Logo of Phnom Penh Post newspaper Phnom Penh Post - ‘Lucky cat’ temple in Tokyo drawing Instagrammers

‘Lucky cat’ temple in Tokyo drawing Instagrammers

Content image - Phnom Penh Post
‘Maneki neko’ or beckoning cat ornaments are seen on display at Gotokuji Temple in Tokyo. KAZUHIRO NOGI /afp

‘Lucky cat’ temple in Tokyo drawing Instagrammers

TOKYO Gotokuji temple has long attracted spiritual visitors with its thousands of figurines of beckoning white cats, thought to bring good luck. But of late it has brought in another breed: Instagrammers.

Around 10,000 figurines of white cats seated with one paw raised are stacked and strewn around the temple, providing tempting fodder for social media mavens from Japan and abroad.

“I actually Googled ‘Instagram spots Tokyo’,” said Emily Lin, a 25-year-old tourist from Hong Kong.

“This was named one of the most ‘Instagrammable spots.’”

“These cats are like a symbol of luck in the Japanese culture,” she added, looking for for new angles to capture the copious cats.

Ying-Chi Hsueh, 31, a photography student from Taiwan, also said he had been drawn to the temple by the photogenic felines.

“I saw a picture on Instagram and I came here using Google Maps,” he said.

They were among dozens of visitors there the week before Wednesday’s International Cat Day, snapping shots of the temple’s “maneki-neko” or “beckoning cat” figurines.

Temple lore says the popularity of the figures was inspired by an event at Gotokuji in the 15th century.

The priest at the time kept a cat called Tama, which according to legend one day strolled out of the temple and raised its right paw to beckon a powerful samurai lord inside – moments before a thunderstorm stuck.

Impressed by the cat who had helped him escape the storm, the lord became a patron of the temple.

Tama the cat has been immortalised as a stylised white cat figure considered a symbol of good luck in Japan and across Asia, usually depicted sitting on his back legs with one paw raised.

The figurines are often spotted in businesses and some versions feature a paw that moves back and forth.

“The maneki-neko gives you the chance to appreciate what you have, the people you meet,” Gotokuji’s deputy priest Tessai Kasukawa told AFP.

“The feeling of appreciation will bring you good luck.”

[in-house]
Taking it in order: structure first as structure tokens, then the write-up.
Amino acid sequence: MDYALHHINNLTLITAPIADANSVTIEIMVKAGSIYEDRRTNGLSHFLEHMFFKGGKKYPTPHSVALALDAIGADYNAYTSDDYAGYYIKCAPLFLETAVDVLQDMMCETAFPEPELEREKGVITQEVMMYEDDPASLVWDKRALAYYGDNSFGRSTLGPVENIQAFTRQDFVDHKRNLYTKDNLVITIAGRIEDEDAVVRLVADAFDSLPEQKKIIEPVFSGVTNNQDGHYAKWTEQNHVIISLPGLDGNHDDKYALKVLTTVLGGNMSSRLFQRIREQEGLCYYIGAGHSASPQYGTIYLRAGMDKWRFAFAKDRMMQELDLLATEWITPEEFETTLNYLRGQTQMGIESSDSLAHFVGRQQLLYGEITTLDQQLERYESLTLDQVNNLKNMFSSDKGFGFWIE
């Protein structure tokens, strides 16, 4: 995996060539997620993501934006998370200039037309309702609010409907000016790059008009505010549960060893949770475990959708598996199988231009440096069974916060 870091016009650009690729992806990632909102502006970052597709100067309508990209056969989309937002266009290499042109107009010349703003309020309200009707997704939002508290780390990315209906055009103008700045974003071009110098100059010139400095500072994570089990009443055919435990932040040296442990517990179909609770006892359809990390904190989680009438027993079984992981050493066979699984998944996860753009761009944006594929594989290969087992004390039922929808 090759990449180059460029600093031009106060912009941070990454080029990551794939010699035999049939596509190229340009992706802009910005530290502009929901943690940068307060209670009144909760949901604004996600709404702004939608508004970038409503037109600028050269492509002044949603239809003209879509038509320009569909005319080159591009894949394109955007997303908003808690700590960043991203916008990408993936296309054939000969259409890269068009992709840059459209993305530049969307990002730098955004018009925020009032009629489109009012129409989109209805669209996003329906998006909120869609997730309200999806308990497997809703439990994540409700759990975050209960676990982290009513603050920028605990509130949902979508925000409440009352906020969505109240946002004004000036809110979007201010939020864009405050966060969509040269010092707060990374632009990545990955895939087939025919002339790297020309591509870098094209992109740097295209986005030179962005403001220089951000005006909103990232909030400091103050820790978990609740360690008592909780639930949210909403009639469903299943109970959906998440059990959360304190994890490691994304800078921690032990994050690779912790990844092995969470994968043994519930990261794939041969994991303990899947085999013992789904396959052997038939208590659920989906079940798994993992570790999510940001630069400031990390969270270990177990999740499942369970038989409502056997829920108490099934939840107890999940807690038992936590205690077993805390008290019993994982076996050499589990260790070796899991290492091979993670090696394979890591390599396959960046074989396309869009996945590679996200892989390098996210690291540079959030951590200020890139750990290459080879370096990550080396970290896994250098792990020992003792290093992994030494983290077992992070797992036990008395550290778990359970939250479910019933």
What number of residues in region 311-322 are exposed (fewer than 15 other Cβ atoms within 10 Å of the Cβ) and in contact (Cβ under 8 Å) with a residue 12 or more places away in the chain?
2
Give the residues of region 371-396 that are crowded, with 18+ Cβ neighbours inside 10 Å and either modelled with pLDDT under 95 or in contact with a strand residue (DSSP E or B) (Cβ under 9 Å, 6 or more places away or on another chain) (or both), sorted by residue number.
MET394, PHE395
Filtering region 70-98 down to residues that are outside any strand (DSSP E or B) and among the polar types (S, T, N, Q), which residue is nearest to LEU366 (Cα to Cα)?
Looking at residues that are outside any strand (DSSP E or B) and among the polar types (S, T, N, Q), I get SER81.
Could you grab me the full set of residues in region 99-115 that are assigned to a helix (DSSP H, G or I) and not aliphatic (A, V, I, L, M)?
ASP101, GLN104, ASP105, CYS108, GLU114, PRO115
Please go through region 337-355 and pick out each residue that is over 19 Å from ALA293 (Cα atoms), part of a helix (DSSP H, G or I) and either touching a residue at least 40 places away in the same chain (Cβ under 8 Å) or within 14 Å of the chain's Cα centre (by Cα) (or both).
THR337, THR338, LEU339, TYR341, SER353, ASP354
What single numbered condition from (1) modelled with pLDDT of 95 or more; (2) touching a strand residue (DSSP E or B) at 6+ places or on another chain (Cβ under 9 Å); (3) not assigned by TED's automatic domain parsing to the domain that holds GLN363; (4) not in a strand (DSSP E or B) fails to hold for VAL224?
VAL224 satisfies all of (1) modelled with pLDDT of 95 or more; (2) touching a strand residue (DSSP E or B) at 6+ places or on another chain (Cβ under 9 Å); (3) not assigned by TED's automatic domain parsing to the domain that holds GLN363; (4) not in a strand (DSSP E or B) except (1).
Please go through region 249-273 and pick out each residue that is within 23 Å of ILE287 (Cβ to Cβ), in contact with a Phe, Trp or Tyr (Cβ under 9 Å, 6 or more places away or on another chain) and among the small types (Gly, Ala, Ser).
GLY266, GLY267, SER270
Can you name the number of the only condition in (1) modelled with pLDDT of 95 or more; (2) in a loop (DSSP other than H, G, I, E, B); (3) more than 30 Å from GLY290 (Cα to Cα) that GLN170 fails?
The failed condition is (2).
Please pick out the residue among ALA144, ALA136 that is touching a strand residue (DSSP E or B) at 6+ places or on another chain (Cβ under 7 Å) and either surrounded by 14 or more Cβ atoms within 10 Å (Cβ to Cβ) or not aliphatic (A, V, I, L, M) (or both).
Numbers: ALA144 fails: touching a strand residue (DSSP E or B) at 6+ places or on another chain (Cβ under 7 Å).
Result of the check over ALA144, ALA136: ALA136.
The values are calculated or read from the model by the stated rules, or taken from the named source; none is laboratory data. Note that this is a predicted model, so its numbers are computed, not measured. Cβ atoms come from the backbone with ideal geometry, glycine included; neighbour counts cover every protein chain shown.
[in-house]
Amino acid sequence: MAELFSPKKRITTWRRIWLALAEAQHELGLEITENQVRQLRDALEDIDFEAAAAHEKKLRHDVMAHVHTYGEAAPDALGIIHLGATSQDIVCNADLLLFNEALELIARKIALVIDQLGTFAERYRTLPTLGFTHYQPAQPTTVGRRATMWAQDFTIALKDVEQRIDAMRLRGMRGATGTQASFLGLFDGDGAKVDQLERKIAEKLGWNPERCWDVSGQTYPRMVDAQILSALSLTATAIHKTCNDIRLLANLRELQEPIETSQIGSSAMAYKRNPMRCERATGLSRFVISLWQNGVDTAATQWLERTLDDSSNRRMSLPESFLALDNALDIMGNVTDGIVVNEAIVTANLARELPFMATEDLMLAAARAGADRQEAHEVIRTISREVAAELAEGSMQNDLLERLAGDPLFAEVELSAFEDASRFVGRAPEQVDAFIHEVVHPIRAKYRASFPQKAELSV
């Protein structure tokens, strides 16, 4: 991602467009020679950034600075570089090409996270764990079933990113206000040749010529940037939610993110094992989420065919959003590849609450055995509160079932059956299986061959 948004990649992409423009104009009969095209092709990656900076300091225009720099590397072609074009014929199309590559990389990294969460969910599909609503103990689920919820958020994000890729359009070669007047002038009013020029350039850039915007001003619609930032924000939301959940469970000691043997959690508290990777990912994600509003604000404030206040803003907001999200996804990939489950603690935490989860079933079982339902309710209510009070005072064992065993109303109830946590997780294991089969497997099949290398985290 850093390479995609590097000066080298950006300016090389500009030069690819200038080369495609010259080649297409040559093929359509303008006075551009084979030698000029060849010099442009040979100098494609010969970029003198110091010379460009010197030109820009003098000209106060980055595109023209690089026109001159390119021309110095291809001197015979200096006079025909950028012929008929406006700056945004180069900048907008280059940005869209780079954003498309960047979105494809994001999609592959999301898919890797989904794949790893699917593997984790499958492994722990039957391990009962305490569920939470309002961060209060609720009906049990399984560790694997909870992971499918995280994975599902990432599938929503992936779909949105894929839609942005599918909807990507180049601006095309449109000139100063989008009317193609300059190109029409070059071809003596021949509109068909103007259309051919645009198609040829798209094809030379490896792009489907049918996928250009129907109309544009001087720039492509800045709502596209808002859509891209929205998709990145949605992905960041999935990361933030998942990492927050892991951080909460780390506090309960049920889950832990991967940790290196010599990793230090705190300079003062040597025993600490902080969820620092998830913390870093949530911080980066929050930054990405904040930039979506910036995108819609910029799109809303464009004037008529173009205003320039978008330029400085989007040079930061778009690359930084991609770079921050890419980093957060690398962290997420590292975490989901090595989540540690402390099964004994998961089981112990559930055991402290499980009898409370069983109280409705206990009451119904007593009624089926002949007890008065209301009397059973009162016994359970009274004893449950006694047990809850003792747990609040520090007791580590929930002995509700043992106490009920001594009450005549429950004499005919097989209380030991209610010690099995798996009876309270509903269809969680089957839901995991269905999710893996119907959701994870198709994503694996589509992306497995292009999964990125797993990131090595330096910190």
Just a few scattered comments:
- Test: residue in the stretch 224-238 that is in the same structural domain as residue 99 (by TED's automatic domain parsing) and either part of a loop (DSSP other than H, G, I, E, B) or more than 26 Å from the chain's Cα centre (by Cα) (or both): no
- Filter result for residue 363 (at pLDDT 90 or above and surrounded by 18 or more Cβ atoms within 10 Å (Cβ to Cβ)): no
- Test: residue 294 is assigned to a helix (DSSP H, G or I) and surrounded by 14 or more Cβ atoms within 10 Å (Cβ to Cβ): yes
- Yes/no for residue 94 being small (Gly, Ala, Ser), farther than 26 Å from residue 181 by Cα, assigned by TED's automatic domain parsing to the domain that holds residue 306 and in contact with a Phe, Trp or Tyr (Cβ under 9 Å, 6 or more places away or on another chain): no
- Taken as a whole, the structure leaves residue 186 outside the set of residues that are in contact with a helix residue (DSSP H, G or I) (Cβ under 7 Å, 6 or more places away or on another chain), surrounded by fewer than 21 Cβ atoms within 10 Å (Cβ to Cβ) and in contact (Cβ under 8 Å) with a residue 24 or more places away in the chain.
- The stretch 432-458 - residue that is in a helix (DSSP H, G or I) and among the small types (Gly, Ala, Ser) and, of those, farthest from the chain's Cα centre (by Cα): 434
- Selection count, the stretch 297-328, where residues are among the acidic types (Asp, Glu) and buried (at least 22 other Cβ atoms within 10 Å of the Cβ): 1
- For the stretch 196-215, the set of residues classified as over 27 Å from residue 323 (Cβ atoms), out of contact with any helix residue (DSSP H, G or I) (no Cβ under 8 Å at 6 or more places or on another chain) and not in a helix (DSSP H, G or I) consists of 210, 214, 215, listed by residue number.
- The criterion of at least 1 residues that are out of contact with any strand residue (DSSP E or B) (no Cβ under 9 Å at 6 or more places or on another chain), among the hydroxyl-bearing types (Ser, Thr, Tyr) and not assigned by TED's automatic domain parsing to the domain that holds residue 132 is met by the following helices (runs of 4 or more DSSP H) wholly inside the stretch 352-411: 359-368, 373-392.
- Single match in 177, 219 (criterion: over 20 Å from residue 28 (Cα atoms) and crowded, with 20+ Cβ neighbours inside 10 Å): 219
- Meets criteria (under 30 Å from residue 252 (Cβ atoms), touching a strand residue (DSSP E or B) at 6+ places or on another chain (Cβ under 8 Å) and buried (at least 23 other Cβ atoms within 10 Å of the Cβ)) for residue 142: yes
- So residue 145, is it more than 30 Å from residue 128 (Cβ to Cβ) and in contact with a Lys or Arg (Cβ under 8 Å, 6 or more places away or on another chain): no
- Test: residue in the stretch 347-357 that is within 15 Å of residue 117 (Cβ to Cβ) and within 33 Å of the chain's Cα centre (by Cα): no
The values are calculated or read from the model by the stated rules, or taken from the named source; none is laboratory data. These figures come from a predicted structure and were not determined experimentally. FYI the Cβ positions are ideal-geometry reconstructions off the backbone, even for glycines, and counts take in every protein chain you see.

And the feline figurines have certainly brought luck to the temple, which says it is seeing a growing number of visitors.

“Now with the Tokyo Olympics coming up [in 2020], we receive many international visitors. They spread the word about the temple, making this place globally famous,” Kasukawa said.”

MOST VIEWED

  • Malaysia MP accused of ‘influencing law’

    Malaysian Member of Parliament (MP) Larry Sng arrived in Siem Reap early on Wednesday, in what was slammed by one NGO as efforts by Kuala Lumpur to “influence Cambodian law”. The Malaysian Embassy in Phnom Penh requested on January 30 “cooperation from the Ministry of Foreign

  • Ministries begin measures to offset EU’s EBA decision

    In the wake of the EU’s controversial announcement this week that it has begun the withdrawal process for Cambodia’s Everything But Arms (EBA) preferential agreement, government ministries and political analysts continued to share their reactions and economic mitigation plans in preparation for the

  • Emirates launches route connecting Phnom Penh, Bangkok

    Emirates will launch a daily service on June 1 linking Phnom Penh (PNH) and Bangkok (BKK). The service from Phnom Penh to Dubai, via Bangkok, will provide more flight options to passengers travelling between the capitals of Cambodia and Thailand. Travellers from the Southeast Asian nations

  • Phnom Penh police to crack down on traffic violators

    Sar Thet, the head of the Phnom Penh Municipal Police, has reorganised the duties of the capital’s traffic officers to tackle the city’s growing congestion, with a focus on those who refuse to obey the road laws. Street vendors who clog Phnom Penh’